"My research interests generally examine our historical interpretations of the role of education and public schools in American society. This includes considering how those interpretations both influence and are influenced by our political and social identities. More specifically I focus on efforts to teach students about citizenship and how and why our understanding of "good citizenship" has changed throughout the nineteenth and twentieth centuries. The nature of how we teach the next generation about citizenship is a reflection of the collective values we hope to preserve and of the role that schools play in society."
Years at Knox: 2011 to present
Ph.D., Curriculum & Instruction, 2011, Texas A&M University.
M.Ed., Curriculum & Instruction, 2007, Texas A&M University.
B.A., Political Science, 2004, Emory & Henry College.
History of education, philosophy of education, education politics, education policy, social studies education
The Melbern G. Glasscock Center for Humanities Research Graduate Student Fellowship, 2010.
Dr. S. Fred and Nancy Thornberry Fellowship, 2010.
"God's Country: Religion and the Evolution of the Social Studies Curriculum in Texas." American Education History Journal 2010.
"From the Project Method to STEM Project-Based Learning: The Historical Context."Burlbaw, Lynn M., Mark J. Ortwein, and J. Kelton Williams. In Project-Based Learning: An integrated science, technology, engineering, and mathematics (STEM) Approach, edited by Robert M. Capraro and Scott W. Slough (Rotterdam, The Netherlands: Sense Publishers, 2008).
"Reverend John Witherspoon and the Curriculum for Public Service and Social Action During the Revolutionary Era." Paper presented with Christie L. Maloyed at the annual meeting for the Organization of Education Historians, Chicago Illinois, October 7 - 8, 2011.
"It's the End of the World as We Know It: Individualism in Post-Apocalyptic Film." Paper presented with Christie L. Maloyed at the annual meeting for the American Political Science Association, Seattle, Washington, September 1 - 4, 2011.
"Creating Citizens: The Influence of Nationalism on the American Citizenship Curriculum." Paper to be presented at the Glasscock Graduate Student Colloquium, College Station, Texas, October 14, 2010.
"Turning the Page: Examining the Transition from Progressivism to Essentialism and the Consequences on Citizenship Education in the 1950s." Paper presented at the annual meeting for the Southwest Social Sciences Conference, Houston, Texas, March 31 - April 4, 2010.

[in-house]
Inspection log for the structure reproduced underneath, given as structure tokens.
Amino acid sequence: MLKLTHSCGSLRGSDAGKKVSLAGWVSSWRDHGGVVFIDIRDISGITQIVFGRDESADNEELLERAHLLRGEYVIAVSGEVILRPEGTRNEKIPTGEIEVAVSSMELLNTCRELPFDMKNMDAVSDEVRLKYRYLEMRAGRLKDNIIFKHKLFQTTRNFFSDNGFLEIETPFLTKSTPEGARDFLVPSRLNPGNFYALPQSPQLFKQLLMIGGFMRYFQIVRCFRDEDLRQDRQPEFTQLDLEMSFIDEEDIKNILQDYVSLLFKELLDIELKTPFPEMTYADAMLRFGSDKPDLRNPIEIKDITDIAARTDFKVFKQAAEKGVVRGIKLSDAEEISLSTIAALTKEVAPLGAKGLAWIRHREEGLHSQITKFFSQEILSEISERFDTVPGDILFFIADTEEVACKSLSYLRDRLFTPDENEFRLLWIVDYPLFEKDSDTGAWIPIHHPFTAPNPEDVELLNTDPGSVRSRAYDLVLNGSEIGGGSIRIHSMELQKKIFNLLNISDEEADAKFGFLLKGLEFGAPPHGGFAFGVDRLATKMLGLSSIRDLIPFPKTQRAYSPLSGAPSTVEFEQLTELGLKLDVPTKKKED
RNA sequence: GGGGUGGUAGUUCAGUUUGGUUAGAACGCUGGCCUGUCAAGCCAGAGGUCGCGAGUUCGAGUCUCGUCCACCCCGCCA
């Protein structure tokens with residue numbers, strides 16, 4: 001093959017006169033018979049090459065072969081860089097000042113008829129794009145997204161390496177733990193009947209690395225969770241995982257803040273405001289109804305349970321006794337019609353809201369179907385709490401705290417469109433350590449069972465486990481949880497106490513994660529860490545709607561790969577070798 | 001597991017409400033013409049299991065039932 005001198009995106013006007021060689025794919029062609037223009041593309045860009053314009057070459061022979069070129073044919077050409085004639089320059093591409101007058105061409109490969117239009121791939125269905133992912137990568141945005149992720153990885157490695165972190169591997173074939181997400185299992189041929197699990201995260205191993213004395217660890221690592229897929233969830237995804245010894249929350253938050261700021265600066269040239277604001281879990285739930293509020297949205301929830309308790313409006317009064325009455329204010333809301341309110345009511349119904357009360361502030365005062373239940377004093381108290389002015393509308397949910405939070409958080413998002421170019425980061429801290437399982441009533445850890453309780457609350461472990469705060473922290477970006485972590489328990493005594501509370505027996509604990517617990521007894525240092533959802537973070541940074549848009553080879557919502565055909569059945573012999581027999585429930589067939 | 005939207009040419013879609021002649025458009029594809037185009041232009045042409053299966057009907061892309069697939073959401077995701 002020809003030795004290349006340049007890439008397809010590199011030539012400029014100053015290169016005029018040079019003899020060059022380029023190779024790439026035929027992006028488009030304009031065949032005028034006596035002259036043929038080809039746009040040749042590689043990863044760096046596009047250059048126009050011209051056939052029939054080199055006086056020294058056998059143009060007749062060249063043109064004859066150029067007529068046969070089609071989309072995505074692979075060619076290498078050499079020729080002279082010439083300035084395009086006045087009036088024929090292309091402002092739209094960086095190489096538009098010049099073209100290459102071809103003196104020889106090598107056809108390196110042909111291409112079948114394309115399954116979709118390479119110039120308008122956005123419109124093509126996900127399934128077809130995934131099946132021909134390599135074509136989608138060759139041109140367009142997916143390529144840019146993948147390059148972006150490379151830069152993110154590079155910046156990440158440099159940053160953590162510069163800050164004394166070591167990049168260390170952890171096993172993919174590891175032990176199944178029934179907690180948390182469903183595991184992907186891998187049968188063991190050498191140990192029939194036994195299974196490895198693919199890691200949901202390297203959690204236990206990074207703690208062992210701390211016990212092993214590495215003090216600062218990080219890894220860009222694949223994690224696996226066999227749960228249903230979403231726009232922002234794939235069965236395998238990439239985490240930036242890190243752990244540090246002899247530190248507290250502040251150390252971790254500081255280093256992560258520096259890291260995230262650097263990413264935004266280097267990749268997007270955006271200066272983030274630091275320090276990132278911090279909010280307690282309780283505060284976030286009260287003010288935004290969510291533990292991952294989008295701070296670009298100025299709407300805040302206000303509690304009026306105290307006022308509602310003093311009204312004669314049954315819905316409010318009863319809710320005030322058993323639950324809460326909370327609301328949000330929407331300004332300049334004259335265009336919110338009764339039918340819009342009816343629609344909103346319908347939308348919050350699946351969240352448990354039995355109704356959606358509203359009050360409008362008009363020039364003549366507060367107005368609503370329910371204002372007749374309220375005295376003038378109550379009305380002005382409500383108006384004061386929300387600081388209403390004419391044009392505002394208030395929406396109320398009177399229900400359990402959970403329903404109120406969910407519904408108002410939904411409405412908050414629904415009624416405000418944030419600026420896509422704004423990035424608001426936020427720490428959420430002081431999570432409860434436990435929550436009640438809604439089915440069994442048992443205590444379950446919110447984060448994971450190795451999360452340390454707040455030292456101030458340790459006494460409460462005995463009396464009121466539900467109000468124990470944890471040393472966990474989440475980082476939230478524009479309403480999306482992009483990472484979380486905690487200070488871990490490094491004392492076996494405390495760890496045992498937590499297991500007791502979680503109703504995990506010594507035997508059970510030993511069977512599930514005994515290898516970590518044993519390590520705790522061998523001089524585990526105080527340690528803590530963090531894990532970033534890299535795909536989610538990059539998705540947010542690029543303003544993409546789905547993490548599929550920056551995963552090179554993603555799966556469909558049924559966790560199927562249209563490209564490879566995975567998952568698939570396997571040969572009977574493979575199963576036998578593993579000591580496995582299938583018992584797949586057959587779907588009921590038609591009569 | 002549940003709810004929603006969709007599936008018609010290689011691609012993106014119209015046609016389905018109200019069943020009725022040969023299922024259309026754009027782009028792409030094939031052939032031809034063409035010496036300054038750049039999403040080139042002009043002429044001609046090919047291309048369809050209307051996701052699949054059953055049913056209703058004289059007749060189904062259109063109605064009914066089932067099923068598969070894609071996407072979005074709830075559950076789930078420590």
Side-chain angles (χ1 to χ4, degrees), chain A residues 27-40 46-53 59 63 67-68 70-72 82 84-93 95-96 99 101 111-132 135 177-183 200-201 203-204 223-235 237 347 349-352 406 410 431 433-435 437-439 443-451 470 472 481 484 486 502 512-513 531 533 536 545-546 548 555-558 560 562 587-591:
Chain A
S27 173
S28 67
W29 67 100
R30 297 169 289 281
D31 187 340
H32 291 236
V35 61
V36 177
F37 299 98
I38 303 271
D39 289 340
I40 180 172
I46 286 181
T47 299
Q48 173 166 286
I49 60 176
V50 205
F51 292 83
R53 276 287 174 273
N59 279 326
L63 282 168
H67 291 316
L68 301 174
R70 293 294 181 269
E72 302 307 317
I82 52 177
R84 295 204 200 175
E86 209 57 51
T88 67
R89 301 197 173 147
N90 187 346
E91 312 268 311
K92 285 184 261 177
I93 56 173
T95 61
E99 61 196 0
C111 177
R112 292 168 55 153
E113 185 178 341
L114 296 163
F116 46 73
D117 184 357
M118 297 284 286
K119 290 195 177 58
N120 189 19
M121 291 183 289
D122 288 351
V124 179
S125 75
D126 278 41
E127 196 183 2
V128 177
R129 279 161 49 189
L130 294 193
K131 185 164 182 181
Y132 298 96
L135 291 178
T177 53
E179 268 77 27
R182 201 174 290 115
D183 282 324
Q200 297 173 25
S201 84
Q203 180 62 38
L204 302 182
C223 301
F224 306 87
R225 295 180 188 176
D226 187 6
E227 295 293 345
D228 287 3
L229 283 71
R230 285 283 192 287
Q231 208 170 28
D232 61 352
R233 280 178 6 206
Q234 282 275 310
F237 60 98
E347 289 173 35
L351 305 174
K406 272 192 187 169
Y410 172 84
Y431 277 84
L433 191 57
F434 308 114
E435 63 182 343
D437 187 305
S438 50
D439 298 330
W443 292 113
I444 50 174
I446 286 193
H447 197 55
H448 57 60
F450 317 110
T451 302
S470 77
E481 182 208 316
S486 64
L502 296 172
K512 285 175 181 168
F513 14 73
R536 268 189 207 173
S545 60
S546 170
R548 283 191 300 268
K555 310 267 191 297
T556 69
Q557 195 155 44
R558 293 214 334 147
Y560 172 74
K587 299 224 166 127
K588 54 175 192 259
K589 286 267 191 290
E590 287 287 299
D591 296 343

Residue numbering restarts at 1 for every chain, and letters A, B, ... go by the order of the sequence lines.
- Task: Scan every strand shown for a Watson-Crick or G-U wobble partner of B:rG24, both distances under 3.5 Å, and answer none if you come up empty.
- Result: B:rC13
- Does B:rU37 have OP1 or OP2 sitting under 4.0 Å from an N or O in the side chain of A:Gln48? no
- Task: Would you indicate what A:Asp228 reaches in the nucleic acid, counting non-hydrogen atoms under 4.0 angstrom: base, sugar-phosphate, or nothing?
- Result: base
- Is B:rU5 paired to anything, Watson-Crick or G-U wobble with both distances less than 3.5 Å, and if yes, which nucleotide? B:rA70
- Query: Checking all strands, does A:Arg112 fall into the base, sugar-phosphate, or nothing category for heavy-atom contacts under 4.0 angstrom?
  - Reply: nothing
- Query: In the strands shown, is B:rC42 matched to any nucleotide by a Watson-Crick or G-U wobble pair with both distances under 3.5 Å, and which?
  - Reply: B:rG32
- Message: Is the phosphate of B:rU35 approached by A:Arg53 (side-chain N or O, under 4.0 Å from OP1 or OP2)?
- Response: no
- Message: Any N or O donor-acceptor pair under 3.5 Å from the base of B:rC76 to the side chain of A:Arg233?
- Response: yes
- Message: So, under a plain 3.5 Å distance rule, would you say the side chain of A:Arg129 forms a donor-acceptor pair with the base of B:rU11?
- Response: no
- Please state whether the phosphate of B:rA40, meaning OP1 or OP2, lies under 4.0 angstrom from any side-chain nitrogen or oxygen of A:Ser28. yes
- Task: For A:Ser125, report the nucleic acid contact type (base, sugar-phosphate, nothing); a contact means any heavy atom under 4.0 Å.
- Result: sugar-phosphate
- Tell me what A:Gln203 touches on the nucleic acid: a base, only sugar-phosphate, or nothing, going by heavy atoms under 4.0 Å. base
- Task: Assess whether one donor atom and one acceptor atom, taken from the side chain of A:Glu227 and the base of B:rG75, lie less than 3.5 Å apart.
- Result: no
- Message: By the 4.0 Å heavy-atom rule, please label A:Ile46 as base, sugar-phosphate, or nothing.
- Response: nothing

"Theory and Practice: Valued Instructional Strategies as Found in County Teacher Exams." Paper presented with Lynn Burlbaw at the annual meeting for the History of Education Society, Philadelphia, Pennsylvania, October 22 - 25, 2009.
"Legacy of Citizenship Education Reform in the 1920s and 1930s." Paper presented at the annual meeting for Mid-American Conference of Historians, Norman, Oklahoma, September 22 - 25, 2009.
"The Secularization of the Curriculum from 1960 - 2009." Paper presented at the annual meeting of the Organization of Education Historians, Chicago, Illinois, September 16 - 17, 2009.
Organized the Graduate Student Association for Organization of Education Historians.
Member, American Education Research Association.
Member, Organization of Education Historians.
Member, History of Education Society.
Member, Organization of American Historians.
Member, American Political Science Association.
Member, Kappa Delta Pi Education Honor Society.
Britt Anderson encourages current Knox students to take classes in constitutional law, LSAT preparation, and to be ready to focus only on the study of law.
Scholar John Agnew aims to debunk myths and promote a better understanding of the dimensions of immigration in the United States and elsewhere.
A double-major in English literature and gender and women's studies, she walks in the footsteps of James Joyce and other writers, gaining a better understanding of them and their work.